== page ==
6. Fast from Overworking
“Be still, and know that I am God!” (Psalm 46:10, NRSV) This command of the Psalmist seems like it must have been written for the American worker, even though it was jotted down thousands of years ago. As Americans, many of us place great value on our work and our ability to get stuff done. People are considered virtuous for working long hours into the night, doing whatever it takes to fill their time with productive activities. Yet, many of us commit to our work at the expense of time with our families, our friends and our faith. Work can be revered too much, and our work should not be valued as worth more than it actually is.
If this applies to you, consider fasting from overworking and practice resting more. After all, it is in the stillness that we come to know our God.
7. Fast from Apathy
This may seem like a weird one, but hang with me for a second. Apathy takes all sorts of forms in our modern world. It is easy to apathetically stream TV shows for hours on end, get caught up staring at your phone for too long, think that the issues your community faces are somebody else’s problem, or that your spiritual life does not need tending to. If there are aspects of your life and world that you think need tending to, but you have let excuses get in the way, give up the apathy and get active. This can be kind of general, but it can also be very specific. For instance, I often apathetically fall into the habit of not praying as much as I should and hide behind the fact that I attend church every week. Yet, tending to our personal lives in active and diligent ways- especially our spiritual lives – is something that God desires for us. Giving up apathy for this season might be just what the doctor ordered.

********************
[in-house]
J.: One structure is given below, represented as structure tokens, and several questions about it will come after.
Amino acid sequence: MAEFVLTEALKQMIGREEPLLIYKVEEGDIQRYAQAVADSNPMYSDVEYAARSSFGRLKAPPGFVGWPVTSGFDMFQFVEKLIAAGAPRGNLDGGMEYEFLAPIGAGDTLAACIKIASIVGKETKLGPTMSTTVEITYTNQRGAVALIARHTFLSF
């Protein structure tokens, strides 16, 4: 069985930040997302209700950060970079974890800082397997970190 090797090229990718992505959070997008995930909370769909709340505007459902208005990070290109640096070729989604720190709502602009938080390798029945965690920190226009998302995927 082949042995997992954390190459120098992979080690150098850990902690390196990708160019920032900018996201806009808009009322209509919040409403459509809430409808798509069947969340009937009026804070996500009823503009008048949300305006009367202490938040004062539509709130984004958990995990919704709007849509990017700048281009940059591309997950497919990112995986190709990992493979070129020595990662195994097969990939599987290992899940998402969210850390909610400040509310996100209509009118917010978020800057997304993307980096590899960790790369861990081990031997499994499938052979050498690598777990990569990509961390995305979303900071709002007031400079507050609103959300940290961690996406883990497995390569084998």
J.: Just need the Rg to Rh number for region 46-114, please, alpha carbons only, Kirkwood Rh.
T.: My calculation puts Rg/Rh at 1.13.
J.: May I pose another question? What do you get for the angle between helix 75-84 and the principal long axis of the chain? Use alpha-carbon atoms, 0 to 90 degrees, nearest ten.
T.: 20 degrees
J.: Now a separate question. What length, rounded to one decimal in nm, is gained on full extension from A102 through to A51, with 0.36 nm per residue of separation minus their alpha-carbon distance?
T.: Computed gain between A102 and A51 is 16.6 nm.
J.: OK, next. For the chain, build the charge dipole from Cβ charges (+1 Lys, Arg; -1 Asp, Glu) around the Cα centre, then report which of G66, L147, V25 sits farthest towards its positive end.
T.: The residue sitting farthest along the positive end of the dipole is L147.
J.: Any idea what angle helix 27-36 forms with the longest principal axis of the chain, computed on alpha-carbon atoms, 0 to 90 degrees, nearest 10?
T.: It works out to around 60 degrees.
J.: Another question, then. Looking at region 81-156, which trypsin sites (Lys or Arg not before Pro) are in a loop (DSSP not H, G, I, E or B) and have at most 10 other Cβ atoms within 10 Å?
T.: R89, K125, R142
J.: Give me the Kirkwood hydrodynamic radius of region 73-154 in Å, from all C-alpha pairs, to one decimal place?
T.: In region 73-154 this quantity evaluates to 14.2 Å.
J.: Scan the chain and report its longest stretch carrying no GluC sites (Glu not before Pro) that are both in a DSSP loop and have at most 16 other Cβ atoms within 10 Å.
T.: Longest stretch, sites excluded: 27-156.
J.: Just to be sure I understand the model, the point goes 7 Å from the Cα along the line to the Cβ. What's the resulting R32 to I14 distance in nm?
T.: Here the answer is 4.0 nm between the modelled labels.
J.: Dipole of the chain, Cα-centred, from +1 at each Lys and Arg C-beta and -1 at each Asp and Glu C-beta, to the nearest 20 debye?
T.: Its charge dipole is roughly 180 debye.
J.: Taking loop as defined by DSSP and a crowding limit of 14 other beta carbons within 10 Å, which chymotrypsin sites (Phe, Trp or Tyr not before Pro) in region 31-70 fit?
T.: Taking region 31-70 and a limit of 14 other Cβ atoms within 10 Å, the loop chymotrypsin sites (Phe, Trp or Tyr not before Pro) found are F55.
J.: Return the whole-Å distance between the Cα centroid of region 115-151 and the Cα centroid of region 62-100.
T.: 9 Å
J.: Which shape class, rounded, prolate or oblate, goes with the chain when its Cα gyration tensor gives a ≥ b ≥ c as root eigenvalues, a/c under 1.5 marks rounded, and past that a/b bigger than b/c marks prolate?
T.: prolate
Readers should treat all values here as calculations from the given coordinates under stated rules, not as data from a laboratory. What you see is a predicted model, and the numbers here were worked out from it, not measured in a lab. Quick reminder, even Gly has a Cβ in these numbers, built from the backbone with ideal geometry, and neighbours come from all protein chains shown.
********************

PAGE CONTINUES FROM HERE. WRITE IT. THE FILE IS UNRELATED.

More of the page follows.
All in all, Lent is a time to intentionally and freely walk with God by fasting from things that we desire in this world, things that hold us back, or even habits that hold us down. I encourage you to faithfully and prayerfully consider taking on a fast of some sort during these forty days. If you break it early, no big deal. God does not rejoice in the perfection of our actions, but in the repentance of our hearts. Blessed fasting!
 http://www.journalism.org/2017/09/07/news-use-across-social-media-platforms-2017/ (Accessed 2/14/2018)
Rev. Seth Nelson is the author of The Church Unknown: Reflections of a Millennial Pastor. He serves as a pastor in Ronan, Montana where he lives with his wife and two children.
Rev. Seth Nelson, author of The Church Unknown: Reflections of a Millennial Pastor, writes this blog. The blog focuses on the future of the church as well as how God loves and cares for us in the present. He is a pastor in Ronan, Montana.